Currently, Spack is only available on Alpine. Spack is a package manager designed for installing multiple configurations. Spack is designed for Supercomputing clusters, making it easy to install and configure software that may not currently be available in the Alpine software stack. The following documentation demonstrates how to activate & use the CURC Spack module and utilize your own Spack environments to install packages and compilers.

Using Spack on CURC

You can follow these steps from a Research Computing terminal session via a compile job (acompile) or within a batch or interactive job.

Activate and Use the CURC Spack Module

Run the following command to load the Spack module:

[johndoe@c3cpu-c11-u17-2 ~]$ module load spack

You can confirm that spack has been loaded and find a list of useful spack commands by running the spack help command:

[johndoe@c3cpu-c11-u17-2 ~]$ spack help --all

Using Spack Environments

Now that you’ve loaded the Spack module, you’ll need to create a spack environment in which you’ll install software.

1. Create a Spack environment. You can create a Spack environment with the following command:

[johndoe@c3cpu-c11-u17-2 ~]$ spack env create <environment name>

Note that, by default, environment specs are stored in /projects/$USER/spack/environments/. This location can be changed by modifying the environments_root variable within ~/.spack/config.yaml.

2. Activate your Spack environment. You can activate your Spack environment with one of the following commands:

[johndoe@c3cpu-c11-u17-2 ~]$ spacktivate <environment name>


[johndoe@c3cpu-c11-u17-2 ~]$ spack env activate <environment name>

To deactivate your environment, you can use one of the following commands:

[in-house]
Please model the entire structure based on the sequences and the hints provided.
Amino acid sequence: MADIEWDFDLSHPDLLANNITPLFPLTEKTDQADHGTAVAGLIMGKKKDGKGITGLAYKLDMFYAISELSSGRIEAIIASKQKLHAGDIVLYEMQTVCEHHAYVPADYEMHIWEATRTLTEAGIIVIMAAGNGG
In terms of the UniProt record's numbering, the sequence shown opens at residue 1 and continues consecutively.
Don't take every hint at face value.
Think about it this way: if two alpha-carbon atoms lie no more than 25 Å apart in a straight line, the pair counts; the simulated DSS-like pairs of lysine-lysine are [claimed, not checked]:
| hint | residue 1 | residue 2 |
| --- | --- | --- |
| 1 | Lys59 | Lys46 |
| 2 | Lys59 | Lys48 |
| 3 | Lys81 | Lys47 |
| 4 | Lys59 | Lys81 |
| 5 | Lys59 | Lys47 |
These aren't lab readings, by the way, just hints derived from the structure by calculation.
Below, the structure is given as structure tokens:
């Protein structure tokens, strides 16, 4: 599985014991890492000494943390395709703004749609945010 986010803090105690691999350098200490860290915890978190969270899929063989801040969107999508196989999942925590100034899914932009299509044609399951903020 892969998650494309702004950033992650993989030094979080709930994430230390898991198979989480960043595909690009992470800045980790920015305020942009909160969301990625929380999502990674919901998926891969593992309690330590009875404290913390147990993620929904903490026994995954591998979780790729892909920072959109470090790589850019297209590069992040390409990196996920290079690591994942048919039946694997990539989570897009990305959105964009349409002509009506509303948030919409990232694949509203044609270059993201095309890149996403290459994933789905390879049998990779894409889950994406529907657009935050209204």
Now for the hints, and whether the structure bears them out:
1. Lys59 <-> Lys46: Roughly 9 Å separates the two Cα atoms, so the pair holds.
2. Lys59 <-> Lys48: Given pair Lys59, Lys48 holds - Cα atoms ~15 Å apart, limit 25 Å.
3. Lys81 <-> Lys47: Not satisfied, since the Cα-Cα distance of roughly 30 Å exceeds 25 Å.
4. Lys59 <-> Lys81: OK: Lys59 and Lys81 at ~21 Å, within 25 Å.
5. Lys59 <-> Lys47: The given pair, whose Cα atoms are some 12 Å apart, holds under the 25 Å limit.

[johndoe@c3cpu-c11-u17-2 ~]$ despacktivate


[johndoe@c3cpu-c11-u17-2 ~]$ spack env deactivate

Installing Software with Spack

Once you’ve created and activated an environment, you can begin installing software using Spack. To search for available software in Spack easily, you can use Spack’s provided search engine. Additionally, you can use the Spack list command spack list, however, this command is slow as it lists all 7000+ packages available for installation with Spack. To search for a specific software by name, you can use spack list <software name>. For example:

[johndoe@c3cpu-c11-u17-2 ~]$ spack list fastqc
==> 1 packages
For additional information about a specific piece of software (available versions, variants, and dependencies), you can use the spack info <software name> command. Note that the ‘preferred version’ is the default version which will be installed if no alternative version is specified.

Once you’ve confirmed that a piece of software is available, you can install it in the active environment using the spack install --add command:

[johndoe@c3cpu-c11-u17-2 ~]$ spack install --add fastqc


  • The --add argument is required to add package specs to an environment. You can separately add specs >without installing a package using the spack add <software name> command.
  • If no compiler is specified, then a default compiler will be installed and used within the environment.

You can also modify the installation commands to meet your installation needs. You can specify which version you’d like to install using the @ operator:

[johndoe@c3cpu-c11-u17-2 ~]$ spack install --add fastqc@0.11.9

Once you have installed a package, you can view what packages are installed in your environment using the spack find command. For example,

[johndoe@c3cpu-c11-u17-2 ~]$ spack find
==> In environment my_test_environment